Rooney grooms another heavyweight

March 06, 1994|By Alan Goldstein | Alan Goldstein,Sun Staff Writer

In the early '80s, the late Cus D'Amato and his assistant trainer, Kevin Rooney, were busy in their Catskill gym grooming a young heavyweight named Mike Tyson for the amateur championships and a possible spot on the 1984 United States Olympic boxing team.

Tyson, who fought too much like a pro to suit amateur judges, fell short of both goals only to become heavyweight champion of the world in 1986, before his 21st birthday.

Now, a decade later, Rooney is back in that same Catskill gym tutoring another promising amateur heavyweight -- Hasim Rahman of Baltimore -- with the same goals in mind.

After winning the New York State Regionals in Lake Placid last month, Rahman, 21, will compete in the U.S. Nationals at Colorado Springs, Colo., tomorrow through Saturday.

"Hasim is a diamond in the rough," said Rooney. He's big -- 6 foot 2 and 250 pounds. He's got power, but he also has surprisingly light feet for a man his size.

"He's very raw, with only eight or nine amateur fights under his belt, and he's still developing a style. But the way Hasim has handled himself against pros in the gym, I give him a shot at winning the nationals. And if politics don't take over, he could become the early-line favorite to represent us in the 1996 Olympic Games."

Heady stuff for the youngster from Randallstown who laced up boxing gloves for the first time less than two years ago, when his uncle, Haleem Ali, delivered him to Mack Lewis' Broadway gym in East Baltimore.

"I had the idea I could handle myself in a fight," Rahman said. "When my neighborhood friends would get in a hassle, they'd bring me along to serve as the peacemaker, and the fights usually ended."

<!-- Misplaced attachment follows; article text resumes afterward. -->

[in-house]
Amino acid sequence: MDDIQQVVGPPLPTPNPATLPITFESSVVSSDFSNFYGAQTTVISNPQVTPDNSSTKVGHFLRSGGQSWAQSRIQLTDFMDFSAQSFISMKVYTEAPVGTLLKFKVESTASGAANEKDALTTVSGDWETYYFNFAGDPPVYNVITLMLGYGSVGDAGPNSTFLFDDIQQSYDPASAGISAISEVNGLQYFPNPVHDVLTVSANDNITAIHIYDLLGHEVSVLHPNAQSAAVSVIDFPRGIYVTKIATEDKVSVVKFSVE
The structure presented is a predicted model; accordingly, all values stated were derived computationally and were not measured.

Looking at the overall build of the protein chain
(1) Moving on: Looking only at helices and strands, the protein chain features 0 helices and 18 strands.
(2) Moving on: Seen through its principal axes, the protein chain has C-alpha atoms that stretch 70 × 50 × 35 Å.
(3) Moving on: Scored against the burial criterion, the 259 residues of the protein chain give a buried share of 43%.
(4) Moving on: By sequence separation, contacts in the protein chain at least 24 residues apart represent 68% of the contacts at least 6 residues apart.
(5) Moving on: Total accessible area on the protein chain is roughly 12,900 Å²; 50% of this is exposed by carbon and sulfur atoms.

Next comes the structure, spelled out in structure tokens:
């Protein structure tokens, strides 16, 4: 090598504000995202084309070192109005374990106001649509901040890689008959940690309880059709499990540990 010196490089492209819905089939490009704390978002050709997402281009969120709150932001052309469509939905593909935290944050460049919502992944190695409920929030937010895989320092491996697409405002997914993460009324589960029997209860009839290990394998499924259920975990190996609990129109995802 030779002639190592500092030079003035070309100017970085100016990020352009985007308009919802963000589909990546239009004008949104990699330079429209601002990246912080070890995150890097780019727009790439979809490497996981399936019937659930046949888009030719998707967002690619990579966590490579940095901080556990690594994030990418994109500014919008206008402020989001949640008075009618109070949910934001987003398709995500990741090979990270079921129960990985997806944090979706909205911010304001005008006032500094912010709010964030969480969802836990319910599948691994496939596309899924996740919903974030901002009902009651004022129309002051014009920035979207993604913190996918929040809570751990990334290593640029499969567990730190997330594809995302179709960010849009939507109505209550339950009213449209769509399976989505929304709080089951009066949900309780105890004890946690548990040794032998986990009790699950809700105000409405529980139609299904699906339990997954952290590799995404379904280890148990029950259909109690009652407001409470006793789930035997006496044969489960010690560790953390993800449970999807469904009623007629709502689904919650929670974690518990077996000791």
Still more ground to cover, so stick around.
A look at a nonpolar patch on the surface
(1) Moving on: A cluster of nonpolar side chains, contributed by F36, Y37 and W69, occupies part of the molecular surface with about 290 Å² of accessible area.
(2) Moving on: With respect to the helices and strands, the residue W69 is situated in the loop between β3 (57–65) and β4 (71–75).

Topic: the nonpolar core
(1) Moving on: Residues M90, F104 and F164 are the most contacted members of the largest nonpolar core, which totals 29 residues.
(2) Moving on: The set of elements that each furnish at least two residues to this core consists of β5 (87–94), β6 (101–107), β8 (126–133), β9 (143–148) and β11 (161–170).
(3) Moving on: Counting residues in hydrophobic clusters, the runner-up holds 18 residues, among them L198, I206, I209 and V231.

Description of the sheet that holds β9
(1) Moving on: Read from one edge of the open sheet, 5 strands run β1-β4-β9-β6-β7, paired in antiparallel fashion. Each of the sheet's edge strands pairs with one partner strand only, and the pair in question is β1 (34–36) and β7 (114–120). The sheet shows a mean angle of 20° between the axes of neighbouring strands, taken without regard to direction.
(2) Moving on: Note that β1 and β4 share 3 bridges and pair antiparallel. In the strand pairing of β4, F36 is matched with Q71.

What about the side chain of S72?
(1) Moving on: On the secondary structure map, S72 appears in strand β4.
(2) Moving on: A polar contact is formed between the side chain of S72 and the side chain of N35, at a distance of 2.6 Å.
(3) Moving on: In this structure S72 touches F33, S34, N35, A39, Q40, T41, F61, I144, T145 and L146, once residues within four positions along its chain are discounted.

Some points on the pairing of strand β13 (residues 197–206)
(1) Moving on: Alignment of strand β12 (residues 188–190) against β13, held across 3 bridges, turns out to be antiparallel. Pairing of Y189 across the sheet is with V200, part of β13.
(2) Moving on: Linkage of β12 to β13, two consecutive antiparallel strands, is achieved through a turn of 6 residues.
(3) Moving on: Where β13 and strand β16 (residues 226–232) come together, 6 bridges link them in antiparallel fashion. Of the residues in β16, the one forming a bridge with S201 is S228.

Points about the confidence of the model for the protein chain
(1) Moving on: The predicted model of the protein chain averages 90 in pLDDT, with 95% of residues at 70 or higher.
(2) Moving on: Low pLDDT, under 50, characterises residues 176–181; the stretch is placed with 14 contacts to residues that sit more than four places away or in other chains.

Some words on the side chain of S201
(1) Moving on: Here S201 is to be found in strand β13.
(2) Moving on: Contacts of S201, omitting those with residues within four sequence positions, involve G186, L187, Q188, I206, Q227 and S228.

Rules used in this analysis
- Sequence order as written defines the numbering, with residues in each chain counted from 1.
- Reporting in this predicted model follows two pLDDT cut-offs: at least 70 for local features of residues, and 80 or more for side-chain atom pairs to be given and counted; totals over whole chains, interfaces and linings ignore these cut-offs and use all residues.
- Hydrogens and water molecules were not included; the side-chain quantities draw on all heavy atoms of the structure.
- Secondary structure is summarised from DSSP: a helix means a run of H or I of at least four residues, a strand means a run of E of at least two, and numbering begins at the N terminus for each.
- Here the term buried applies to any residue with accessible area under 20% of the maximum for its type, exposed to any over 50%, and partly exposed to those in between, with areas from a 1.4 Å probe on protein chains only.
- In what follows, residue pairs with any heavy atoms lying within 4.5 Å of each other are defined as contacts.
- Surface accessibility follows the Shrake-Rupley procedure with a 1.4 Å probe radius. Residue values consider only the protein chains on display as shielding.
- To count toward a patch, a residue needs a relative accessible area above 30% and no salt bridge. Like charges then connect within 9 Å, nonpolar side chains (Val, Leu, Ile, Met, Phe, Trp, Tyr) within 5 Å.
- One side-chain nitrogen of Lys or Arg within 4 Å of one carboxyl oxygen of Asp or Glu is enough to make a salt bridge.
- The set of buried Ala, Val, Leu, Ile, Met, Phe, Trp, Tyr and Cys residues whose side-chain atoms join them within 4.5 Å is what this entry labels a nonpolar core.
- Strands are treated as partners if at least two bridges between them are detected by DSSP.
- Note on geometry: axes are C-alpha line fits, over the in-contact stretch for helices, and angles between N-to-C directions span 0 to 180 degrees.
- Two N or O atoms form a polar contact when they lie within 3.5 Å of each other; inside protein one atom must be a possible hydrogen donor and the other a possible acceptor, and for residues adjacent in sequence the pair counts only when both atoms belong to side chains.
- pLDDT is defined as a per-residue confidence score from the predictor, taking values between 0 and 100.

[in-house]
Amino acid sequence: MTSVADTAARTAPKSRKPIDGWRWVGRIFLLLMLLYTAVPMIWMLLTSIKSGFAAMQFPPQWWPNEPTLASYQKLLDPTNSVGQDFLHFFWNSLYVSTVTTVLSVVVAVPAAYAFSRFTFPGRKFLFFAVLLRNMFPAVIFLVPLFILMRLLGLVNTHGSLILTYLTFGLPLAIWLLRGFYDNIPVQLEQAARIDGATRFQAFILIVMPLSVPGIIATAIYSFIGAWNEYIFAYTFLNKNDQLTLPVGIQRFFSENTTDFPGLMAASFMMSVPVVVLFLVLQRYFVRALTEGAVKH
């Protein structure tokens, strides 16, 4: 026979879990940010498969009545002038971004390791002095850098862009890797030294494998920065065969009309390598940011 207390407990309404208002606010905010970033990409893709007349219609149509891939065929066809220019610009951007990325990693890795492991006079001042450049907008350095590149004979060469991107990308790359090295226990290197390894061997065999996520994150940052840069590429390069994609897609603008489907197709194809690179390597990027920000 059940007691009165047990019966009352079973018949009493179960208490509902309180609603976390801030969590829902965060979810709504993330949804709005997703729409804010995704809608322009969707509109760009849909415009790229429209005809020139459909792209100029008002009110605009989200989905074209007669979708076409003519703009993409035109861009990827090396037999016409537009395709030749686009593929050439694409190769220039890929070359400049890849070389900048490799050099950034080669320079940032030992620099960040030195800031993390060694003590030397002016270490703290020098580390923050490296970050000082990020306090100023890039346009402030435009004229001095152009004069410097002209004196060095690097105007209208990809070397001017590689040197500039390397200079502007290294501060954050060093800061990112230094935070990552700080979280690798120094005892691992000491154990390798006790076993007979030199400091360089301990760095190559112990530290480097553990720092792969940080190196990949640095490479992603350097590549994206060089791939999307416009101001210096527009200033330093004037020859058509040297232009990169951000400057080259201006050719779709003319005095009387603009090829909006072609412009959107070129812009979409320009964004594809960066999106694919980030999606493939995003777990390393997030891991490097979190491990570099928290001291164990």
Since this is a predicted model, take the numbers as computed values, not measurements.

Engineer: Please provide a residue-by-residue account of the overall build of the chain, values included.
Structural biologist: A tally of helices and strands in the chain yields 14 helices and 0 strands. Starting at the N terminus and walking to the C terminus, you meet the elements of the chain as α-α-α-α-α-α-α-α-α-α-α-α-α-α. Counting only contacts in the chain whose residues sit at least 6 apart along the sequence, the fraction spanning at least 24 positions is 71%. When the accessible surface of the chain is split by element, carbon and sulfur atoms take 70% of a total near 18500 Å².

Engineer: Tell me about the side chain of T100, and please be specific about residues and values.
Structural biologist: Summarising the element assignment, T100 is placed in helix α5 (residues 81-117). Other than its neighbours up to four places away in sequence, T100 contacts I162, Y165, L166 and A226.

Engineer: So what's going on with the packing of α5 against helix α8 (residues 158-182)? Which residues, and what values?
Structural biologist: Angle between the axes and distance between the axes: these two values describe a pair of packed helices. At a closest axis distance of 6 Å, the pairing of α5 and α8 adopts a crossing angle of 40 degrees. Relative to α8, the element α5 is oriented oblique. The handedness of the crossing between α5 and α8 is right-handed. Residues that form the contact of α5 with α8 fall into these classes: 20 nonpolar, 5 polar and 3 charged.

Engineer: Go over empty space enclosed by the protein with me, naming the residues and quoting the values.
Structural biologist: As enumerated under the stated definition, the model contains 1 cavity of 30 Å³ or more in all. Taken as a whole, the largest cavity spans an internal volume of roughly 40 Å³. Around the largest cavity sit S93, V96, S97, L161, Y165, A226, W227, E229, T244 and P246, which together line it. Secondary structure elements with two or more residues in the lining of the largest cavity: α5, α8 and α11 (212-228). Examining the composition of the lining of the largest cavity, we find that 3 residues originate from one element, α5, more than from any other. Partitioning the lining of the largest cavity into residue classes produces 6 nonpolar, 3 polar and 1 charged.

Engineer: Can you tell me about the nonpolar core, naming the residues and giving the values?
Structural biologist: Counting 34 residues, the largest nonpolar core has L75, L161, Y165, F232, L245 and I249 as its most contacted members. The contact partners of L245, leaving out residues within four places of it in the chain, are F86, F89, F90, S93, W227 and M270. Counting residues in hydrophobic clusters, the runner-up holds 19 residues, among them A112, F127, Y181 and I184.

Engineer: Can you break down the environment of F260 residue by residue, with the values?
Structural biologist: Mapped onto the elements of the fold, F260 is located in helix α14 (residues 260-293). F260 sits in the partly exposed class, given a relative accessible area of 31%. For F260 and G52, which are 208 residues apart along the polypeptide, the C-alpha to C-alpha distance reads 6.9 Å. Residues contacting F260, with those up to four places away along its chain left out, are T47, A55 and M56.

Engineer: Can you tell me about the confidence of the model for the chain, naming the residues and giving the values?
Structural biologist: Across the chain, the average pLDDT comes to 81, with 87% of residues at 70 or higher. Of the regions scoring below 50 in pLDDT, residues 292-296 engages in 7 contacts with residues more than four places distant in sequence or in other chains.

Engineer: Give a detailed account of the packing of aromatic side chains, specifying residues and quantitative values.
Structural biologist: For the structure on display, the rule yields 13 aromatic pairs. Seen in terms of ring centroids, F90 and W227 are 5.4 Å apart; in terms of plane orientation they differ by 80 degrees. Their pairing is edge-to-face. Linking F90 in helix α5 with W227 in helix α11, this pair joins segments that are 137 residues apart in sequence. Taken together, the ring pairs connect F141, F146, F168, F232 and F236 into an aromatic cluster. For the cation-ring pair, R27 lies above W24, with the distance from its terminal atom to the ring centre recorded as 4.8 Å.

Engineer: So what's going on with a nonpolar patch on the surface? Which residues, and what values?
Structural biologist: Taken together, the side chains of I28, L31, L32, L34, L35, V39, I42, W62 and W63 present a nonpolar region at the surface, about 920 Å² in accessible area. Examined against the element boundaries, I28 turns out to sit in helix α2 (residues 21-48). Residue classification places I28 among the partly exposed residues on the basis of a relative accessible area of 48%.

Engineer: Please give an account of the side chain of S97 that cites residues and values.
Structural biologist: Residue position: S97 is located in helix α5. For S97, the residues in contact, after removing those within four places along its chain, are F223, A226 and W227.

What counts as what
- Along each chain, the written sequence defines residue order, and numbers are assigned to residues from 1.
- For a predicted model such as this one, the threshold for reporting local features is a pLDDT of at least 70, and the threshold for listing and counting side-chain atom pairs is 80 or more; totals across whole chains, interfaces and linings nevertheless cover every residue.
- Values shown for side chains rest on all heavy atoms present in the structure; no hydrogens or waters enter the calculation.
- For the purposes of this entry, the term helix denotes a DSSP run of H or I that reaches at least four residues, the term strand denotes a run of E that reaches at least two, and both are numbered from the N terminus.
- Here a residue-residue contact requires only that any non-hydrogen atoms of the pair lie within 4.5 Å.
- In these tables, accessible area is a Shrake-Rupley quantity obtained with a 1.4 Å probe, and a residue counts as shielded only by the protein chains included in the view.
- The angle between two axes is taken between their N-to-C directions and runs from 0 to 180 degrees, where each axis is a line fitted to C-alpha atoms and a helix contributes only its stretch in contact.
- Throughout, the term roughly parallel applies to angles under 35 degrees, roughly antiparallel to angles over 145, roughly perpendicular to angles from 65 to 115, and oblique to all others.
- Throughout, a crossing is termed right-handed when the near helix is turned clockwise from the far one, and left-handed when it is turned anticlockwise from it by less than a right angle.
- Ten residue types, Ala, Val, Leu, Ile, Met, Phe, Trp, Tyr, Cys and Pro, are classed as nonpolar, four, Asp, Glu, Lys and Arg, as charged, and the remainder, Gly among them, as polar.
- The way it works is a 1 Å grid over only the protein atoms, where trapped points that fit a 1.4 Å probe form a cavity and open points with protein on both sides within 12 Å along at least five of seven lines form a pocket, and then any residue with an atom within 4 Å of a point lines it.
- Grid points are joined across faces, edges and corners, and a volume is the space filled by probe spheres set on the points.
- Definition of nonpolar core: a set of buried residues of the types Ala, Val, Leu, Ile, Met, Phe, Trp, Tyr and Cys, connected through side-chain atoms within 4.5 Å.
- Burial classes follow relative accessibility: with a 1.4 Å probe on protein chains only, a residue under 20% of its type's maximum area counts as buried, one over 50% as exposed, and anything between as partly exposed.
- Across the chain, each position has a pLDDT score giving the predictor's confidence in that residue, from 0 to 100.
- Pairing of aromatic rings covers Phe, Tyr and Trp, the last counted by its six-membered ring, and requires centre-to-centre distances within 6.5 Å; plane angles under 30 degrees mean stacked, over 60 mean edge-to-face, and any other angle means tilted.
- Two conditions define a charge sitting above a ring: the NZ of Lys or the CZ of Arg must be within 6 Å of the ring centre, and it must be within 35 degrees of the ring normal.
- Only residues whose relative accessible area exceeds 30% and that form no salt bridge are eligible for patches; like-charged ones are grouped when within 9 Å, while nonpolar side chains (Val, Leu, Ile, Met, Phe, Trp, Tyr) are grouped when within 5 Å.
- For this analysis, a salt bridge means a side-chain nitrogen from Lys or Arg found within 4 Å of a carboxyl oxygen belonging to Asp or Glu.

Rahman found the competition a little tougher at "Mr. Mack's gym."

"I was too big and strong for most of the amateurs in the gym, so Mr. Mack had me sparring with his pro heavyweights -- George Chaplin, Mike Whitfield and Alex Stanley. I'd hit them solid, but they wouldn't go anywhere, and I'd be tired after one round. That taught me I had a lot to learn about boxing."

As Rahman continued to show promise and explosive power, his stablemates started calling him Mr. Mack's "million-dollar baby."

But the lack of amateur boxing tournaments in the area -- and the feeling he wasn't getting enough individual instruction -- led Rahman to seek a new trainer.

His uncle compiled a list of respected managers and trainers in the country, but the first phone call proved fruitful.

"We called Bill Cayton, Tyson's former manager," recalled Ali, "and he referred us to Steve Lott, who used to run Tyson's training camp. Lott invited Hasim to audition for Rooney last June, and he obviously made a good impression."

Good enough to receive free room and board in the Catskills in order to concentrate full time on developing his boxing skills.

"I've learned a lot here in nine months," Rahman said from his Catskill apartment. "I'm becoming a much better defensive fighter, slipping punches, but I've also developed a left hook to go with my right hand."

Rooney wasted little time testing Rahman against seasoned heavyweight contenders who shared the training facility.

"He had me sparring against [third-ranked] Lionel Butler and undefeated Jeremy Williams," Rahman said. "Williams keeps kidding me that he wants to have won a title and be retired before I turn pro."

Rahman enjoyed his first measure of success in the recent Region I tournament by knocking out New York City champion Ronald Brown and winning a lopsided decision over Hugh Holquin in the final.

"He was too good to start off as a novice, so we threw him right into the Open class competition," said Rooney. "Yeah, I'm excited about how far he's come in such a short time. But I'm trying to keep it quiet. You know, in boxing, there are a lot of broken dreams."

But Hasim Rahman has set his sights on the end of the rainbow.

"There's no sense turning pro early and fighting for $500," he said. "If I can get to the Olympics and get lucky, than I've hit the jackpot."

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